Spring has sprung and Western Australian gardeners have been urged to watch for signs of the tree pest polyphagous shot hole borer (PSHB) and report any suspect observations to the Department of Primary Industries and Regional Development (DPIRD).
The department is currently engaged in a biosecurity response to stop the spread of the tiny exotic pest, which impacts a wide range of host trees.
DPIRD Chief Plant Biosecurity Officer Sonya Broughton said borer activity was likely to increase as the weather warmed up, making signs of the pest more visible.
Dr Broughton said the public played an important role in a biosecurity response, providing front line intelligence to support DPIRD surveillance.
“I urge gardeners to check trees and plants for any unusual signs, like multiple entrance holes in the trunk or branches about the size of a ballpoint pen tip, frass or sawdust and crystalline foam or sugar volcanoes coming from the entry holes,” she said.
“Other signs to look out for are thick resin or sap on the tree branches or trunk, staining of the wood around entrance holes, dying branches and tree death.
“It is important to report any observations via the MyPestGuide Reporter app or to the department’s Pest and Disease Information Service to help inform the response actions.”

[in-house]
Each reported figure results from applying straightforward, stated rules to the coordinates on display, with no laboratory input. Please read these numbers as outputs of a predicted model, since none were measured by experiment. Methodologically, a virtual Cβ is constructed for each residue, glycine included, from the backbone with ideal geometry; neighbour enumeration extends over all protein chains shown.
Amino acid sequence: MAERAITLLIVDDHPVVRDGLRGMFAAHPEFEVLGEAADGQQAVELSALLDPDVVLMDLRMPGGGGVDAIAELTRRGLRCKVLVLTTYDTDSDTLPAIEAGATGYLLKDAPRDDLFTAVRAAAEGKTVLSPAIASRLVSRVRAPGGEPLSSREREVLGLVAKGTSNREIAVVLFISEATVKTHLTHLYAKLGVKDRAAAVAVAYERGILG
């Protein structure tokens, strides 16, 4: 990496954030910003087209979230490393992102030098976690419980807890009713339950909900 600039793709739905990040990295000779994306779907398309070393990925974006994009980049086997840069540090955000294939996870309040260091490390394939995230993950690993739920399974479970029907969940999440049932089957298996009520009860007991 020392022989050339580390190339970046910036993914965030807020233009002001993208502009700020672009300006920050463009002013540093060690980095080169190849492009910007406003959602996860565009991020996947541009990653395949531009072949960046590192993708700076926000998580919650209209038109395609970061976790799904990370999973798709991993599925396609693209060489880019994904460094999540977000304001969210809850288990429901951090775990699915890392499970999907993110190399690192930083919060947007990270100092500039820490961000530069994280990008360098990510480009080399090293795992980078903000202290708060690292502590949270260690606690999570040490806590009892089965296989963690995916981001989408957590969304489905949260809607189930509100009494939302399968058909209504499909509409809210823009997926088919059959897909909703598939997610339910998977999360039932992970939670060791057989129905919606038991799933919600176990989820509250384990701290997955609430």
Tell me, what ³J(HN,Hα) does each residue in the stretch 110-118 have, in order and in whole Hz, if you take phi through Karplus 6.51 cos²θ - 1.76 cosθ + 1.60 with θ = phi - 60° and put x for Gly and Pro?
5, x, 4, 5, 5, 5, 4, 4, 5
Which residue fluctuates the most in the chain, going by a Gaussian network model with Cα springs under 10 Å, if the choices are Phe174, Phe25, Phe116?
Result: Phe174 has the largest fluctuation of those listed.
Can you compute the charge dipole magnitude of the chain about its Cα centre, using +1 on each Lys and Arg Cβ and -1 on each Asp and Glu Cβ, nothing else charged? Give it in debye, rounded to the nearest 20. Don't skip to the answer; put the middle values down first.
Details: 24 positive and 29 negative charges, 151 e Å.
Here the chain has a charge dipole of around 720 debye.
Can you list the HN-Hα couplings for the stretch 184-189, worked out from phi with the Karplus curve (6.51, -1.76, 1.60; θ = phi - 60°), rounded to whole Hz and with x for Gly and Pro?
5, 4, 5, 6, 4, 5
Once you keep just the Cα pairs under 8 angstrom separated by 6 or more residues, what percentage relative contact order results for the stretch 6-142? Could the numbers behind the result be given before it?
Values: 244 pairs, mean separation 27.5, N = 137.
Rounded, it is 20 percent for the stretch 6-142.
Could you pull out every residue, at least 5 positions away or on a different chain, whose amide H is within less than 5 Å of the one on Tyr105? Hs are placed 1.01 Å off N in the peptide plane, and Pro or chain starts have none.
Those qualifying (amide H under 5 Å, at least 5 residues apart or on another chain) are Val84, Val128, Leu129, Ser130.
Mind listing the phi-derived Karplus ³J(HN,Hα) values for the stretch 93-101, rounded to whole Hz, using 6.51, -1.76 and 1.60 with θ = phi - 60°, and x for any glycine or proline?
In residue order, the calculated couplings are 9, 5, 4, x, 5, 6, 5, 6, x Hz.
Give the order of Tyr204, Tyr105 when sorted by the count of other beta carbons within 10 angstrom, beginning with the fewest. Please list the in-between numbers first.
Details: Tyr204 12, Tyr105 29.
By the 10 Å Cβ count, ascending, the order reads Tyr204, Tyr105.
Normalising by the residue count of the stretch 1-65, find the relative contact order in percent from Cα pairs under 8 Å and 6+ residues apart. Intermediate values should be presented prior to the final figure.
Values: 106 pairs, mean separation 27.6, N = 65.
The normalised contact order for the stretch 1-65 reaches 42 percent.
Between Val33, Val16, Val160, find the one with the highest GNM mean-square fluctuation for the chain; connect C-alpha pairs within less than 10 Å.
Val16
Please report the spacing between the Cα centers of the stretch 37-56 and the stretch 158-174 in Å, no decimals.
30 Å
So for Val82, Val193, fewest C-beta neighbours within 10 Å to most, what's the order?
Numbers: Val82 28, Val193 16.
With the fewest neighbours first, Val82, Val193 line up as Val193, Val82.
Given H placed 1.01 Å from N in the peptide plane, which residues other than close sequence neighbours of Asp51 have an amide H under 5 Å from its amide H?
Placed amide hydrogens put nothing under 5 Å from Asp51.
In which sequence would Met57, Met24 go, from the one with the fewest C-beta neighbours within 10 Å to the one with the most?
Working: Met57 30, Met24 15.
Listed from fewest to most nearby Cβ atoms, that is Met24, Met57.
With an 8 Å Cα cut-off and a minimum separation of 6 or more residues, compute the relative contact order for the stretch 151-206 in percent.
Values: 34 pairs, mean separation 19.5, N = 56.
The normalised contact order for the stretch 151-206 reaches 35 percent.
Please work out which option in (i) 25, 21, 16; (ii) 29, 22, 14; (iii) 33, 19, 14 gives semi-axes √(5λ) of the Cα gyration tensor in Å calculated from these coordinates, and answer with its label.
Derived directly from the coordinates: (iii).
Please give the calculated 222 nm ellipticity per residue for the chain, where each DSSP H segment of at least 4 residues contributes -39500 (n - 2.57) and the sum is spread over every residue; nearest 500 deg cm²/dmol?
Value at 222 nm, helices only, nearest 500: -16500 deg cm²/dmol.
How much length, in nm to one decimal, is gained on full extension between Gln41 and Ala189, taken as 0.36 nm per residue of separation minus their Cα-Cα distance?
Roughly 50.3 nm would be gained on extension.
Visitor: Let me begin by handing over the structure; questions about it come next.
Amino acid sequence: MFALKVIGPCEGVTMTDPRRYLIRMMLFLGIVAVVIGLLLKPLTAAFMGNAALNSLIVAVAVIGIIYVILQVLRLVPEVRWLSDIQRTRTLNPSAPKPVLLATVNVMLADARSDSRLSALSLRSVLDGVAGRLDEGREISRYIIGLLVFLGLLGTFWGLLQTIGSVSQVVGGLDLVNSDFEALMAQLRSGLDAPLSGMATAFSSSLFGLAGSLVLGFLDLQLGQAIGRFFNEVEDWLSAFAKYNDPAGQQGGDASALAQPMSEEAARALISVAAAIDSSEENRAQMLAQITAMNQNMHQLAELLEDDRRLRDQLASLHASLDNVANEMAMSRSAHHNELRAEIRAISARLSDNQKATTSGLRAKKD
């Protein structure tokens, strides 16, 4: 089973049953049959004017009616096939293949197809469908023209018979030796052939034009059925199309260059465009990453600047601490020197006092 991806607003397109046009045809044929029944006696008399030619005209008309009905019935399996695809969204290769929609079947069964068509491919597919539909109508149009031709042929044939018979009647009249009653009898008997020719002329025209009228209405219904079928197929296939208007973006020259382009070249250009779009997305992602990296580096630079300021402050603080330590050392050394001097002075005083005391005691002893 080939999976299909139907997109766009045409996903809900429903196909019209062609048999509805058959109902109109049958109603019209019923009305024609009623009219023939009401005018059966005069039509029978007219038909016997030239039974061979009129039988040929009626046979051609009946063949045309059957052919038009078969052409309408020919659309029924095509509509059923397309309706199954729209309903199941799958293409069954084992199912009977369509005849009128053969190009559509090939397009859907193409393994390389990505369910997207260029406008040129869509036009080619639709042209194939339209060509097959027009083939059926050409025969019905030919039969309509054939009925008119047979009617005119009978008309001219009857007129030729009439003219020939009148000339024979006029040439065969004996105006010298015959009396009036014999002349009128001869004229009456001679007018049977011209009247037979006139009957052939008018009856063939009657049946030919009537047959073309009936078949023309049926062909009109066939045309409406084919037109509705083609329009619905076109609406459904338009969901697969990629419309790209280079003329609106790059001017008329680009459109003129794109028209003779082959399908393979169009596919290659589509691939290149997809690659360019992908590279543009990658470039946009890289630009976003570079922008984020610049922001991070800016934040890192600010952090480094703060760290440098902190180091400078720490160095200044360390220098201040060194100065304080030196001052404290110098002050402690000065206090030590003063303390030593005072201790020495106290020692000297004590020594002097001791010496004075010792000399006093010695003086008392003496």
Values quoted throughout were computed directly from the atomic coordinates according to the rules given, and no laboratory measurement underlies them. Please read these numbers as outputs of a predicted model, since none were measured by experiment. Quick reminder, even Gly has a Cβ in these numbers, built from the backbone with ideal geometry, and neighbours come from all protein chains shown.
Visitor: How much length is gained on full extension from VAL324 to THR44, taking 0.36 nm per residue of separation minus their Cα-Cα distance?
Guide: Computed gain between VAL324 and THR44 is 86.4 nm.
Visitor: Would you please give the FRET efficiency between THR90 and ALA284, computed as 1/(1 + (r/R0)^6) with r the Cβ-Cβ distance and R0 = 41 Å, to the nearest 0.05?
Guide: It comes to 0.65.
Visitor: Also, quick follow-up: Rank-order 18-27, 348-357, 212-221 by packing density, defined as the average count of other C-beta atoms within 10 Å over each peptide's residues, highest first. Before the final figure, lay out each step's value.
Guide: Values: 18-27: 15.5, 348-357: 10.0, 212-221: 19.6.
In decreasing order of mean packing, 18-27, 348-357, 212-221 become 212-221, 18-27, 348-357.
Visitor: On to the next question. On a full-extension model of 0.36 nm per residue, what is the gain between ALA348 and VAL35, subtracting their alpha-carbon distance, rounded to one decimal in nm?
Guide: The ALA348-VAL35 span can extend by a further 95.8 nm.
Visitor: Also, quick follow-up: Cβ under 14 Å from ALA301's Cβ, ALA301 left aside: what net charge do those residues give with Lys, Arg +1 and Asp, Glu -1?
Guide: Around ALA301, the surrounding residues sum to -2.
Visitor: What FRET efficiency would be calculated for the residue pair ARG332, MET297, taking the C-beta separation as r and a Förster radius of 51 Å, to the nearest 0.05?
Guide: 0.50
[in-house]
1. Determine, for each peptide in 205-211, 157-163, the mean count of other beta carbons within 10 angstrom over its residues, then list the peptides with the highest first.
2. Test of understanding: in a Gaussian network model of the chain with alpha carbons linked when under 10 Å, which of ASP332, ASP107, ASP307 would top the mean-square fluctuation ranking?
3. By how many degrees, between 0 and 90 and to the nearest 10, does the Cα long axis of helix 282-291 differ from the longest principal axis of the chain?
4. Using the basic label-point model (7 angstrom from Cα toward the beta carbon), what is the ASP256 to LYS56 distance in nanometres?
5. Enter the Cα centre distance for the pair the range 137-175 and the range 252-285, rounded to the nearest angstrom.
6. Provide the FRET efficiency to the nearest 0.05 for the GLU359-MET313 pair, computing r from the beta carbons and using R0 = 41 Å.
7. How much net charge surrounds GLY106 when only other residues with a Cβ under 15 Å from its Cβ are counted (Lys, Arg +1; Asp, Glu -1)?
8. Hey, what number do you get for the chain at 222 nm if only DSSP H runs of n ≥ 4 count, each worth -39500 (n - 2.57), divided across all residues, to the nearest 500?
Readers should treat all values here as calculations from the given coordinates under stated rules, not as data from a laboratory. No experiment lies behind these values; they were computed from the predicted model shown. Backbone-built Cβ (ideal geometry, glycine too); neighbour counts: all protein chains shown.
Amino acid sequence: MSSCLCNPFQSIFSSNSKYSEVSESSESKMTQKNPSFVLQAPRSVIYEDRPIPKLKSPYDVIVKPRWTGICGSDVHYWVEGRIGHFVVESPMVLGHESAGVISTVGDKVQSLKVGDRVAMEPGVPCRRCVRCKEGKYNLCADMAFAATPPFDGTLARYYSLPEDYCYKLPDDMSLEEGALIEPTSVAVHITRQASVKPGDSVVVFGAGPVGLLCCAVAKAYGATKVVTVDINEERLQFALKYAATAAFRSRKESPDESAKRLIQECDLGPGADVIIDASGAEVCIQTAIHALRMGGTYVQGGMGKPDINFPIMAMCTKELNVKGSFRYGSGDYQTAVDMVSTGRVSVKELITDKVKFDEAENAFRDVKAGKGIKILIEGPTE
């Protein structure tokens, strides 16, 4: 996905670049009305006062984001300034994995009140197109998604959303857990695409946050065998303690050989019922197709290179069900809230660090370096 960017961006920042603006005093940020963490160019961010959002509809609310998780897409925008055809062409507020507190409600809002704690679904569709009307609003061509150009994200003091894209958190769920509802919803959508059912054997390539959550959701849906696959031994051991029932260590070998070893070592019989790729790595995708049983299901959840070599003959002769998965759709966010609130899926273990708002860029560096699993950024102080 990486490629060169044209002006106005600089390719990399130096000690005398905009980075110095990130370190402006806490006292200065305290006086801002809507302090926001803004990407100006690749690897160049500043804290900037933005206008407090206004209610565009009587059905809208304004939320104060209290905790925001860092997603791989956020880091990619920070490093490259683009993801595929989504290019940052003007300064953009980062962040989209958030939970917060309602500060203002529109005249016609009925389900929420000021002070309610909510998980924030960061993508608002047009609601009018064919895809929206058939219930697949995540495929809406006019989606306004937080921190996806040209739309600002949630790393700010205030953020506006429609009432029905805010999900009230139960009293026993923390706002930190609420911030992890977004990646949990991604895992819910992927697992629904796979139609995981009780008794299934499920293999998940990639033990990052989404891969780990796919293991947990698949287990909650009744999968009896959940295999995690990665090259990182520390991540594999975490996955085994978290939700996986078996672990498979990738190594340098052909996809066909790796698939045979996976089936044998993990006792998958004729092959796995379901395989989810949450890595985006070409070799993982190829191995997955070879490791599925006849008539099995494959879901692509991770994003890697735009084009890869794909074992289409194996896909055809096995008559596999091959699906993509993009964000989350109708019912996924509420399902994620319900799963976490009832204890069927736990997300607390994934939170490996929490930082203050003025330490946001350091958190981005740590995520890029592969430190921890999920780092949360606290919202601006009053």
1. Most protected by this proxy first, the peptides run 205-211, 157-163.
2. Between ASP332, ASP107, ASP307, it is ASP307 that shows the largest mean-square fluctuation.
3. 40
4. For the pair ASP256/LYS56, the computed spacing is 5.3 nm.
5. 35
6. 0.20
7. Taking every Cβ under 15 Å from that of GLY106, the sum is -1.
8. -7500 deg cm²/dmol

For the past year DPIRD has been working with local plant industries, councils, government agencies and the community, as part of a nationally coordinated response.
A Quarantine Area for PSHB remains in place covering 21 local government areas in the Perth metropolitan area – covering 623 square kilometres – restricting the movement of any wood or green waste material that could host the borer.
“DPIRD continues to undertake surveillance in the Quarantine Area and beyond in parks and other public areas, street trees, trees on private residences and business properties to determine the spread of the pest,” Dr Broughton said.
“This has included deploying more than 2,800 PSHB traps in the Perth metropolitan area, as well as in the State’s Mid West, Wheatbelt, South West and Great Southern.
“In the past 12 months – DPIRD’s biggest surveillance program in history – staff have inspected more than one million trees on over 25,000 properties, clocking up at least 300,000 kilometres between them.”
Dr Broughton thanked the community, businesses and local governments in the Quarantine Area for their support and vigilance during the past 12 months and called on all parties to continue their efforts.
“The success of the surveillance program has been the combined result of the efforts of all parties, alongside the hard work of department officers,” she said.
“It is important we all continue to work together and monitor trees and shrubs for any signs of PSHB damage and report any observations to DPIRD to contain the spread of this pest and minimise its impact on Western Australia’s trees.”
Suspect borer damage should be reported to DPIRD’s Pest and Disease Information Service on (08) 9368 3080, email email@example.com or via its MyPestGuide Reporter app.
For more information on PSHB click here.
Megan Broad/Katrina Bowers, media liaison
+61 (0)8 9368 3937